And that actually plays into ABM. The fundamental promise of ABM is just spend money on the accounts that matter to you and can become your customers rather than the spray and pray. What’s been the dominant demand gen methodology over the last decade, which is lead based, and the analogy there would be fishing with nets. So let me create some content, put big nets out into the ocean, scoop up all these fish, 90% of them aren’t relevant to me and I throw them back and 10% I keep, they’re the accounts that actually buy for me. We’ve moved to a world where actually the data and machine learning capabilities are now such that you can be much more targeted to the accounts and the right people within accounts and making sure you’re spending money just on those accounts in a much more targeted way as well.

So to a certain extent, COVID-19 actually reinforces that. In these moments of crisis, you tend to shrink and focus. And that’s already the message of RollWorks and account based marketing as well. I think that empathy and growth, they’re not enemies, they’re companions and you need the empathy to create the connection with customers, and then you need the value and the technology to deliver growth.

Small Business Trends: B2B buyers are looking for deeper relationships with vendors or brands. Are ads limited only to the first interactions? How can ad-based tech deepen these relationships beyond the impression?

Robin Bordoli: Yeah, it’s a great question. In our RollWorks business, we think about account based marketing and B2B buyers; here’s the fundamental problem as a marketer you’re trying to solve. There’s three parts to the problem. The first is you’re trying to identify who are the best fit accounts. Who are the accounts and the people in the accounts have the best likelihood of becoming customers for my business, not generically, but my business. So there’s an identification problem. The second then is the engagement problem. So how do I engage those buyers as early in their buying journey as possible, and then stay connected throughout the entire buying journey? And then the third is how do I measure what’s working and do more of what’s working and less of what’s not? And those are the three fundamental problems as a B2B marketer you’re trying to solve. The RollWorks platform starts with that first bit, the identification.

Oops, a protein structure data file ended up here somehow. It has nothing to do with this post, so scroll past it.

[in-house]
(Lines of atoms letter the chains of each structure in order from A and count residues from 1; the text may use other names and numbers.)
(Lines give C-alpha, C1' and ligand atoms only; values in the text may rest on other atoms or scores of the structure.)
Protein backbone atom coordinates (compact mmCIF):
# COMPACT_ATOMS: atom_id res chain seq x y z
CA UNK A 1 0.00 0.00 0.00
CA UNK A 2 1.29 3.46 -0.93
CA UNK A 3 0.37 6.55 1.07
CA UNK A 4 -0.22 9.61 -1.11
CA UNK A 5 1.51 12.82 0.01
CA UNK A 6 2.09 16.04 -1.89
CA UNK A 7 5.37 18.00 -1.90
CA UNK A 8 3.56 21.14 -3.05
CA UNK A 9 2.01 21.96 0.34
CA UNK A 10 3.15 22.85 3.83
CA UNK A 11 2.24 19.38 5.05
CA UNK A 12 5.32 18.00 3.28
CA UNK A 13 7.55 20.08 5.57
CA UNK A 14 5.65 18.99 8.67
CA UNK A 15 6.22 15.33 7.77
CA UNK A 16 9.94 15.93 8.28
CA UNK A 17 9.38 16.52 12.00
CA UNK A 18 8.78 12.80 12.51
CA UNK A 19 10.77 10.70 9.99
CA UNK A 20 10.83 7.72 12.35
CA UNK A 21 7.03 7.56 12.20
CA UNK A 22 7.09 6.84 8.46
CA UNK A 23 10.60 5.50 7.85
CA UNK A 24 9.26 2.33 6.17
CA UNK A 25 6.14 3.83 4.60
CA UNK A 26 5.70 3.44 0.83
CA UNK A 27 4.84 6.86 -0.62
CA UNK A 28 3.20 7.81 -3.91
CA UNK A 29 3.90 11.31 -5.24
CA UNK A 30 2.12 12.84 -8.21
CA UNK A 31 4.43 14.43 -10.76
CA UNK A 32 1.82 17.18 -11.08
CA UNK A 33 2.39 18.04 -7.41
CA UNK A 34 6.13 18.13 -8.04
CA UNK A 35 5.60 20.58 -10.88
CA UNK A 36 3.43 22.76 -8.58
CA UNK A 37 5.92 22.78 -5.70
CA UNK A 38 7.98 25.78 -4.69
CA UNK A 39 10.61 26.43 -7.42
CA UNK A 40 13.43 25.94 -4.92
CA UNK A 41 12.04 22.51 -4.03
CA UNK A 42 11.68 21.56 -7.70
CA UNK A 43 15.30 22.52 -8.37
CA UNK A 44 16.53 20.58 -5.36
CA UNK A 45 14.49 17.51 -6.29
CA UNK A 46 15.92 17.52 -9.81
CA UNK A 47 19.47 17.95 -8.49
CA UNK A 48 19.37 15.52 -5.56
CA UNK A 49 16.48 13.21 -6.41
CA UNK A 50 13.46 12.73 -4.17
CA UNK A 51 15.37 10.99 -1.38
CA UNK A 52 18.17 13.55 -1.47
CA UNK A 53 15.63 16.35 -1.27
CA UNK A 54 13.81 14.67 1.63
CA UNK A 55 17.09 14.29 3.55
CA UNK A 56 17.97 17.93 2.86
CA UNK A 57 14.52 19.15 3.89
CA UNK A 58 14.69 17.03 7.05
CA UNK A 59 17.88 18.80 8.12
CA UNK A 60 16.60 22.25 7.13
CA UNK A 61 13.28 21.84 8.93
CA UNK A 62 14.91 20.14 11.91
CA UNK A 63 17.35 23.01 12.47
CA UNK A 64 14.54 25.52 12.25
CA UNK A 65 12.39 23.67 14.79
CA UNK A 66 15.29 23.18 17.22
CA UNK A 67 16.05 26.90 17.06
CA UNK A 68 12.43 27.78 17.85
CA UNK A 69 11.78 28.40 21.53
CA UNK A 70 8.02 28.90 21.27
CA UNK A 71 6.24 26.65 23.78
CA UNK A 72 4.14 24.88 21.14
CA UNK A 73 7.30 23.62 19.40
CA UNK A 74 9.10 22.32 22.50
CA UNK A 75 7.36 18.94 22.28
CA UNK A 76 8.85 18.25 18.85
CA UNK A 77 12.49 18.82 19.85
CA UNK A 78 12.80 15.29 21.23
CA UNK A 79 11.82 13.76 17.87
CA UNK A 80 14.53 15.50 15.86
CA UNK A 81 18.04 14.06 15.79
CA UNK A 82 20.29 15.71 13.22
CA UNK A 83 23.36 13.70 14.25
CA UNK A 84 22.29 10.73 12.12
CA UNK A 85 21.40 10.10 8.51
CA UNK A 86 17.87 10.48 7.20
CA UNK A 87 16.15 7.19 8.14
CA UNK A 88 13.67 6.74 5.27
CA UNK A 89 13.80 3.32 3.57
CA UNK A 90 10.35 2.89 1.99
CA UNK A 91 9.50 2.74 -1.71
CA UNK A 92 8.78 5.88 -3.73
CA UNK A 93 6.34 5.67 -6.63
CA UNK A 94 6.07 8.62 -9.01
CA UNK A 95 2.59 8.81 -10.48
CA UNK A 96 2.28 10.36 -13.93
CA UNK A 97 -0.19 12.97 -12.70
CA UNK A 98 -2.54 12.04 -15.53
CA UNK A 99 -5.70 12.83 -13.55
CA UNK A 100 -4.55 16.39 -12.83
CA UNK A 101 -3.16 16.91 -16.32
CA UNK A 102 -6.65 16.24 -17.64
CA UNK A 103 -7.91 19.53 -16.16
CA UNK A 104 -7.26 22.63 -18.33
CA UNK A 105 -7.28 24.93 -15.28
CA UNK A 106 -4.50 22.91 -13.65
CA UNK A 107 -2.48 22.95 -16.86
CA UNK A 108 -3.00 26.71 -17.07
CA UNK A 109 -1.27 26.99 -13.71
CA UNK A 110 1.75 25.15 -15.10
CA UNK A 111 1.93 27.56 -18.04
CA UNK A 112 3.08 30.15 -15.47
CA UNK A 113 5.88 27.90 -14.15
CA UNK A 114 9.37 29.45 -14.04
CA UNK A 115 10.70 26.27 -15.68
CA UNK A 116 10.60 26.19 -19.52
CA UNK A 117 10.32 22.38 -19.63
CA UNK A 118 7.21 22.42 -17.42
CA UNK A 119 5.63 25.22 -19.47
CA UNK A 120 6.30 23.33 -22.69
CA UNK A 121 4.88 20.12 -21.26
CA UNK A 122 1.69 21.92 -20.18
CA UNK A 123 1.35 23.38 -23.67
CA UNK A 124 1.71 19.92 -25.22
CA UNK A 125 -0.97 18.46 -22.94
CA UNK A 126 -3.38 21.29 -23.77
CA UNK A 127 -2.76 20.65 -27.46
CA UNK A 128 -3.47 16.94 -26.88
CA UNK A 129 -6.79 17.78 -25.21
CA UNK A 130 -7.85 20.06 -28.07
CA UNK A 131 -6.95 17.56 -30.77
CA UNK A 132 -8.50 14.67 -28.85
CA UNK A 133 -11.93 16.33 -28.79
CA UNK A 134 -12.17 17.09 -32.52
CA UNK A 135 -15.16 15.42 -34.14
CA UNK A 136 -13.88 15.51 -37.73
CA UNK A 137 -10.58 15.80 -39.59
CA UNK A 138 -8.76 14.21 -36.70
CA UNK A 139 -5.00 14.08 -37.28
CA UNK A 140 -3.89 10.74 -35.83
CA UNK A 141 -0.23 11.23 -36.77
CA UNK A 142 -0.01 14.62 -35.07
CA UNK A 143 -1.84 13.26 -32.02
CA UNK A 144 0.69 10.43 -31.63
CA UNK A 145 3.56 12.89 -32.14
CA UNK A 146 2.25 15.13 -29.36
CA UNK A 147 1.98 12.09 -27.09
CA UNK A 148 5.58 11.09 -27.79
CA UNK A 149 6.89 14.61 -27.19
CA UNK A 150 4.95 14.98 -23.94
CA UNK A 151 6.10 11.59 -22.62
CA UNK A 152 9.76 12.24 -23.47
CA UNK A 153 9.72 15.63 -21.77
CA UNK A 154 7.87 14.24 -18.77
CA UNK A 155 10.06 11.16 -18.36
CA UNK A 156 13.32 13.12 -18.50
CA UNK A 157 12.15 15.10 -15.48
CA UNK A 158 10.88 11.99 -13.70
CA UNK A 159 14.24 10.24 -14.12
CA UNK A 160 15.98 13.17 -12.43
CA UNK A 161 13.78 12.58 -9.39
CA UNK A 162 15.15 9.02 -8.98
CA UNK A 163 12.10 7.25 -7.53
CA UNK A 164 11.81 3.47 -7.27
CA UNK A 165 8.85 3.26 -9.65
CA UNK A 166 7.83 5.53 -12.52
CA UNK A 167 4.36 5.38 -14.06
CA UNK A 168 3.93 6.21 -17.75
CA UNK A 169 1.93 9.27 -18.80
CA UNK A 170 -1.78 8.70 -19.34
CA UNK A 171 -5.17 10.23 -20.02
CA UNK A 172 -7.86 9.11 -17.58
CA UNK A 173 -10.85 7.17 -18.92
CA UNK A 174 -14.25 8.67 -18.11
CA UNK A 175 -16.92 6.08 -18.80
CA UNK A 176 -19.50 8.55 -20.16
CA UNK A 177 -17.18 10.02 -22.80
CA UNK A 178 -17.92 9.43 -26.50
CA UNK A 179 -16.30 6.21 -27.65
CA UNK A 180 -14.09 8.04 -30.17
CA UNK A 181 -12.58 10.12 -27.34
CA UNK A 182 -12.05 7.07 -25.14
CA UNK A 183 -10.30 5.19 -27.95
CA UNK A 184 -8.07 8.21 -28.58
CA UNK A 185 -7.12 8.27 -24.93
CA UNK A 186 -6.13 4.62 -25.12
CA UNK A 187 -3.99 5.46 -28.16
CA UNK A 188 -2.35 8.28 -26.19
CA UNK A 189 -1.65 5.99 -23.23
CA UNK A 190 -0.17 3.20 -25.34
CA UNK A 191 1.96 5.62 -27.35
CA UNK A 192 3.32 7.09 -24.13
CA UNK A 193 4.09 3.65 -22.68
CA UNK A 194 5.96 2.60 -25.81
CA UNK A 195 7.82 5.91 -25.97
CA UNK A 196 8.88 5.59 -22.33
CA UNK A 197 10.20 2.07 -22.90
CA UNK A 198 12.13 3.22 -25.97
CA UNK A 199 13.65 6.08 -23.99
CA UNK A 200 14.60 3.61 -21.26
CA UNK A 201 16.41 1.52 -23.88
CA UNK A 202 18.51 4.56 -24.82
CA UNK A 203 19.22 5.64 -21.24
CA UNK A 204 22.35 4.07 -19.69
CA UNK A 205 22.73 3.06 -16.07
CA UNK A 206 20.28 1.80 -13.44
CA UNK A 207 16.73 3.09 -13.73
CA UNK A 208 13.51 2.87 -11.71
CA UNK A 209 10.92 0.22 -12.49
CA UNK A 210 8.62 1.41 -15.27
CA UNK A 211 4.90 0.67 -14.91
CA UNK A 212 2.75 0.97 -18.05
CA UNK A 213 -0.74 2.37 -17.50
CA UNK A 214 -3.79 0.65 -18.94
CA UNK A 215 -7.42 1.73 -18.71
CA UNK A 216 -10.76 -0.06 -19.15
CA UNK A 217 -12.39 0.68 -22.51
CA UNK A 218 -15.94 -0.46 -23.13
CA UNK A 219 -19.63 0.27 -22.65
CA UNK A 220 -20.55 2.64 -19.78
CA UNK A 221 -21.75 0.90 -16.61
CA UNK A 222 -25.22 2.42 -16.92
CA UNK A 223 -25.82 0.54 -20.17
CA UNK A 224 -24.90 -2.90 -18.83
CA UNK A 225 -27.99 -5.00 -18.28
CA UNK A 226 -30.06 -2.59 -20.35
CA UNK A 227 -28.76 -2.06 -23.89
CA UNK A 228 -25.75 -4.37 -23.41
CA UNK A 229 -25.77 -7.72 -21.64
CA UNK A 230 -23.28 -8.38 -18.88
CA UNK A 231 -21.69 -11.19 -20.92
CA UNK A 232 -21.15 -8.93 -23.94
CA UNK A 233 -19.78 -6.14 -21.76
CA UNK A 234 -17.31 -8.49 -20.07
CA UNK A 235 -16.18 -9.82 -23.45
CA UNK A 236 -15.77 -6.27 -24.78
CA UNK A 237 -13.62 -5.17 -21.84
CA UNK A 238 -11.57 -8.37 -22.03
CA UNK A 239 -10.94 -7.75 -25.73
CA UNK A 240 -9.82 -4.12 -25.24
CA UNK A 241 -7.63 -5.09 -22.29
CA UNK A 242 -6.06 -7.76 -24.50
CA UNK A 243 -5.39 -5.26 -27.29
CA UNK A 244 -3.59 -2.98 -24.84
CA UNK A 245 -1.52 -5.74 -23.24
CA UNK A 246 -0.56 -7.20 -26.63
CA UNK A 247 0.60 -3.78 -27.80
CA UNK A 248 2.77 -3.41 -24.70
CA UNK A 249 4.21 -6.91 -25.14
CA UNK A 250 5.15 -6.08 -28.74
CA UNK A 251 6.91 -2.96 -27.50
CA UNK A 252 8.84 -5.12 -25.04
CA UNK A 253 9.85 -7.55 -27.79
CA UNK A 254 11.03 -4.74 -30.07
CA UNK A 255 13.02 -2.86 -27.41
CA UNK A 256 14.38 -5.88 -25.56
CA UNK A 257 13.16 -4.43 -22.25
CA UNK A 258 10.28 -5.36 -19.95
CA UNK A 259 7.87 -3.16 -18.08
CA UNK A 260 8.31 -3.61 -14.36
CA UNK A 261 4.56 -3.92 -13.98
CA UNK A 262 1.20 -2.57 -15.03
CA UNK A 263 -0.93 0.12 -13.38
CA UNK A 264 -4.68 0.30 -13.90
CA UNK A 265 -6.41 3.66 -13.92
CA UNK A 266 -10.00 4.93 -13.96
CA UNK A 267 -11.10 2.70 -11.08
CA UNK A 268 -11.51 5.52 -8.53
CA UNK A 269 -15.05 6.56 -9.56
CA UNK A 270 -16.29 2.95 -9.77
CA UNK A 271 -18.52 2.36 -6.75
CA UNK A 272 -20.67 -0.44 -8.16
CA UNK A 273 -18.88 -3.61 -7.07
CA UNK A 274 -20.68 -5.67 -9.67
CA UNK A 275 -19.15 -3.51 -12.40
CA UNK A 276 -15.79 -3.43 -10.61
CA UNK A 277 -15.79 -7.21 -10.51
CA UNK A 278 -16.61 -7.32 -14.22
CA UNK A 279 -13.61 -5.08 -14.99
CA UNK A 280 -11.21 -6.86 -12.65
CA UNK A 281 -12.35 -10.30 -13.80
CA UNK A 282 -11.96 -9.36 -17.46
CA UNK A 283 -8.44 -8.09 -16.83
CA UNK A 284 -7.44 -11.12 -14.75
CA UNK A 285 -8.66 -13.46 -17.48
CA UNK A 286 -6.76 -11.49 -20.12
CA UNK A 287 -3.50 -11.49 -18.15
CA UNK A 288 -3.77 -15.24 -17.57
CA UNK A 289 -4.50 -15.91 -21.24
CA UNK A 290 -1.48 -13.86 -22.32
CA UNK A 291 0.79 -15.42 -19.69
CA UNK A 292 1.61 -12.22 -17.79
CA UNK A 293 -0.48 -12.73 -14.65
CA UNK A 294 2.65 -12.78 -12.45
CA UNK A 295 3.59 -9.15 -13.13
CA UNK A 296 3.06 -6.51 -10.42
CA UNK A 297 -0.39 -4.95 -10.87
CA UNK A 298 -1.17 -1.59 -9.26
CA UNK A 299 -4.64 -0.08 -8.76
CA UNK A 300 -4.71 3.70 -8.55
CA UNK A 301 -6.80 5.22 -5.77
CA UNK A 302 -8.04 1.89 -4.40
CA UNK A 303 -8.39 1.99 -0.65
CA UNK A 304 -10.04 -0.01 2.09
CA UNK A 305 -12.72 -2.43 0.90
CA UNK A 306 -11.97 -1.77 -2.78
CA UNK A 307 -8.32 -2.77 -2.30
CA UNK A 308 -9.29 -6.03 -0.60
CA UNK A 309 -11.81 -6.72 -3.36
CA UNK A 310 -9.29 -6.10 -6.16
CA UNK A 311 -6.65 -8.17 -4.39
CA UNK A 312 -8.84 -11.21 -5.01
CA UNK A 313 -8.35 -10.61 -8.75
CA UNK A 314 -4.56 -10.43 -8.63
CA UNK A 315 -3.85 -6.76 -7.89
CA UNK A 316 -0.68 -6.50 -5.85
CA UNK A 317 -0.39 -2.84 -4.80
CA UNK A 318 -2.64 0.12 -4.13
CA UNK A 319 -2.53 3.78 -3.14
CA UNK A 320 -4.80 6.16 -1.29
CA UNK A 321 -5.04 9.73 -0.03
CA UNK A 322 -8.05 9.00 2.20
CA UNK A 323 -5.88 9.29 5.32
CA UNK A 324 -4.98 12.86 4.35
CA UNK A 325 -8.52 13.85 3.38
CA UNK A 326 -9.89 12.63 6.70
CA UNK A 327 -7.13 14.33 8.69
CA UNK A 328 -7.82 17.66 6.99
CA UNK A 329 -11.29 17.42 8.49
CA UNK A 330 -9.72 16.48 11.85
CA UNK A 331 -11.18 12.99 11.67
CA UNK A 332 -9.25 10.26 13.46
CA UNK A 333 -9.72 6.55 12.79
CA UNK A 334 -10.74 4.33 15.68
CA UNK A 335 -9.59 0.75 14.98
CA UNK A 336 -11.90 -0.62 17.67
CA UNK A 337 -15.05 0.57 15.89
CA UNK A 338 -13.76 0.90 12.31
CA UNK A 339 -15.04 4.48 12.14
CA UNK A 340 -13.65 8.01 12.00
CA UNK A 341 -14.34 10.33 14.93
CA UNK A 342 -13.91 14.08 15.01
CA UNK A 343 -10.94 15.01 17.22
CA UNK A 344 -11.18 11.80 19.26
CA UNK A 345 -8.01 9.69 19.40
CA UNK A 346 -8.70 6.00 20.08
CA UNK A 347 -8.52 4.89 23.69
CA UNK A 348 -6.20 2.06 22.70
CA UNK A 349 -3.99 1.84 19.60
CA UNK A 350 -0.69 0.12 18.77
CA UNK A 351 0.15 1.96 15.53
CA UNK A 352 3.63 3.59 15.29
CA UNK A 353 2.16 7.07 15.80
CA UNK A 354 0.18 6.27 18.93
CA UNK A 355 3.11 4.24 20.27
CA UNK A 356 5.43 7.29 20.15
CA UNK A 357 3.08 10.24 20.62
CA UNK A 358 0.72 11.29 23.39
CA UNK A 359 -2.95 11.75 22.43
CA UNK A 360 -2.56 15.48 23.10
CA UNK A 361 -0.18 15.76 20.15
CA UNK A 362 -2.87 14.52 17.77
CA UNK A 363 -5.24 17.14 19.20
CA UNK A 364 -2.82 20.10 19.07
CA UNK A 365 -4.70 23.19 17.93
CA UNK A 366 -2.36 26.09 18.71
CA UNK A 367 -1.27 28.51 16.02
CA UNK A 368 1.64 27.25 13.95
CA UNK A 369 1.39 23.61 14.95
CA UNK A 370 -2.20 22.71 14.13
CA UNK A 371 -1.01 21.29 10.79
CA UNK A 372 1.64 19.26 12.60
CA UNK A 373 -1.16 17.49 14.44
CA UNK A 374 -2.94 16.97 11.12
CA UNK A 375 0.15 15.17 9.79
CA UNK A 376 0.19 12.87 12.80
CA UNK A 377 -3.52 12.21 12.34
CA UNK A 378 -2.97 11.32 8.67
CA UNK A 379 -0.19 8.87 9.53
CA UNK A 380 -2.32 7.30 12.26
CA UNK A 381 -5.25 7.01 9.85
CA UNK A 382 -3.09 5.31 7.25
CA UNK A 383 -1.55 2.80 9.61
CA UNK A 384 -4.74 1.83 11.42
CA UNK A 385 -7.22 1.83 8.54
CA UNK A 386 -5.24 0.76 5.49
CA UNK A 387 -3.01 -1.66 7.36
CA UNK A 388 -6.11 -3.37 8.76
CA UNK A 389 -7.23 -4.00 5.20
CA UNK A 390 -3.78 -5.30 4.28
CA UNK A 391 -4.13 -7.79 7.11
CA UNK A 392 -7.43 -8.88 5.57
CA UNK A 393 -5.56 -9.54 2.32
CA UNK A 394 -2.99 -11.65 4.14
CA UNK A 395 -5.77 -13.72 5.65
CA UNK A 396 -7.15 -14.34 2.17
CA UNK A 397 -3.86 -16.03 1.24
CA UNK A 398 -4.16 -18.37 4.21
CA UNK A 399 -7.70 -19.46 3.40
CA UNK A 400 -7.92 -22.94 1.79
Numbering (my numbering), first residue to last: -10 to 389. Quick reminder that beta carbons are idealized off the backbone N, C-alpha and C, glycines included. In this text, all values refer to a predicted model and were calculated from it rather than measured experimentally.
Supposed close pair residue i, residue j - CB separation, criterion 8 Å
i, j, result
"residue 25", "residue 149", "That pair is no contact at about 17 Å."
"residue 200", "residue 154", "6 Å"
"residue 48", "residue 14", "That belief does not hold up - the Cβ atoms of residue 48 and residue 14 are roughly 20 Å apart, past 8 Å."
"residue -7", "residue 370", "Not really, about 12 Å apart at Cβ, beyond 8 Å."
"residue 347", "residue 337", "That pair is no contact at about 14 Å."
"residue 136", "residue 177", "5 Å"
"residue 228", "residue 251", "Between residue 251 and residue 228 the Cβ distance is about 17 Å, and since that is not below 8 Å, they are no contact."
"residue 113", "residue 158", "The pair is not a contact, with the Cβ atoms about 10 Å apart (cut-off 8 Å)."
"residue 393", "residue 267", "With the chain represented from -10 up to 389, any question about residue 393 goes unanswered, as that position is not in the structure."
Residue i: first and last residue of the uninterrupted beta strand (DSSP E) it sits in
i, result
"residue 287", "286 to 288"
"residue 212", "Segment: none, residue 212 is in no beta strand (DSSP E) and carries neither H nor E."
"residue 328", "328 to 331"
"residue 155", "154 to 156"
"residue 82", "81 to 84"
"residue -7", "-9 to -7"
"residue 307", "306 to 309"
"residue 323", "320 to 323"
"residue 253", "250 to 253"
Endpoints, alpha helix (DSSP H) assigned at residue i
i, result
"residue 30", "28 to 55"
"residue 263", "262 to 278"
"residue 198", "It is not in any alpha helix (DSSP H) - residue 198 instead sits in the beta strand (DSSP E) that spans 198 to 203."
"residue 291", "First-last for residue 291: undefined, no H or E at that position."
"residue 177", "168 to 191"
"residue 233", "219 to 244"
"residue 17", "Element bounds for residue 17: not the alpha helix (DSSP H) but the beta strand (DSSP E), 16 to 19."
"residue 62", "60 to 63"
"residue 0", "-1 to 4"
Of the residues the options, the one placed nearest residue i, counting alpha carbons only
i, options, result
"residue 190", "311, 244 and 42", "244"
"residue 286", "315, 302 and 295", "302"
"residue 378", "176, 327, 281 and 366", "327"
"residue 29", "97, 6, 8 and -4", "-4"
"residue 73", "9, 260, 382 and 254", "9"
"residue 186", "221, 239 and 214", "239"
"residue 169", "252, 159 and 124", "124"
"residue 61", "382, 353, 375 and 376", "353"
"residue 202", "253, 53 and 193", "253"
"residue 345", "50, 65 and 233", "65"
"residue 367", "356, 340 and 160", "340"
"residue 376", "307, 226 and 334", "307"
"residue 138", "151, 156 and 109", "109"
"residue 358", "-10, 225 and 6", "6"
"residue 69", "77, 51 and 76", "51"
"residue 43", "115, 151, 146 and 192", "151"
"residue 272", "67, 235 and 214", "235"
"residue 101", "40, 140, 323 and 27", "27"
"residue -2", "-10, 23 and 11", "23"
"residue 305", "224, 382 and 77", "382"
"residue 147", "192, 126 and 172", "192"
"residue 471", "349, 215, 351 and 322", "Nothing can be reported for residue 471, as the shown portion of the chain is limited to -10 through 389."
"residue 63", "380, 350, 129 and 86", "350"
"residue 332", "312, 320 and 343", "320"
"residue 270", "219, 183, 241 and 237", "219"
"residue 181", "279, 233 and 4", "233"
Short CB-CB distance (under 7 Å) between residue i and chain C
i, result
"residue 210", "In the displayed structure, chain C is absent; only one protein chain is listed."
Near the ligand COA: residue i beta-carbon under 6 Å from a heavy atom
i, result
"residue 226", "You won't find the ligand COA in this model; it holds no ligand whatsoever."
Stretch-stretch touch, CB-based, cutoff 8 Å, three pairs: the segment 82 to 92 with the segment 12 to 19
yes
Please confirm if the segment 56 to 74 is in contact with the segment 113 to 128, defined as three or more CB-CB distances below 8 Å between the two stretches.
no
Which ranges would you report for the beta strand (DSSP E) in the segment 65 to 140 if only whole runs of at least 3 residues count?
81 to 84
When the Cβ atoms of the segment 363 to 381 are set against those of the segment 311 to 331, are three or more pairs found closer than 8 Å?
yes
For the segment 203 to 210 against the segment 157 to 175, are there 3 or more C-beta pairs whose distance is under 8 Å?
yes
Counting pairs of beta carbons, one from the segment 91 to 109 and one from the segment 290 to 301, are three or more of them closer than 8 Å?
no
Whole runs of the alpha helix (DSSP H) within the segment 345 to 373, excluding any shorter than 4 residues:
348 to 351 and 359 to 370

So looking at what are the best accounts and the best buys from a fit perspective, from an intent perspective, and from an engagement perspective. So that’s the starting point. If you move into the engagement part, digital advertising is the only channel that has the potential to stay with a buyer, both connect with them at the earliest possible point in their journey, and then stay with them throughout their entire journey. Email can’t do that because email, they have to be known to you before you can start to do that. So you’ve got to remember journeys, if you go and look at the data, B2B buyers today spend 83% of their time in the buying journey not engaging with vendors. They are doing so much work before they engage with a vendor that if you only wait until they’ve engaged with you…

Small Business Trends: Forget it.

Robin Bordoli: They’ve already made up their mind, or they’re just confirming a few things. So the power of digital advertising is that it can start in the buying journey’s much earlier and then actually progress across that. Now in order to do that effectively, the messaging has to change as that buyer goes through different stages. So that’s where personalization comes in. Personalization, is this the CMO versus the individual person that’s going to be using the technology? Where are they in their buying journey? Are they just starting to become aware of this category? Are they about to sign a contract? Have they actually closed, because this isn’t just to get them initially, but you want to continue to reach out to them around expansion and other use cases. So the power of digital advertising is core to account-based marketing. As email was to marketing automation, digital advertising is to ABM because it’s a different problem that you’re trying to solve.


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This is part of the One-on-One Interview series with thought leaders. The transcript has been edited for publication. If it's an audio or video interview, click on the embedded player above, or subscribe via iTunes or via Stitcher.

Brent Leary Brent Leary is the host of the Small Business Trends One-on-One interview series and co-founder of CRM Essentials LLC, an Atlanta-based CRM advisory firm covering tools and strategies for improving business relationships. Brent is a CRM industry analyst, advisor, author, speaker and award-winning blogger.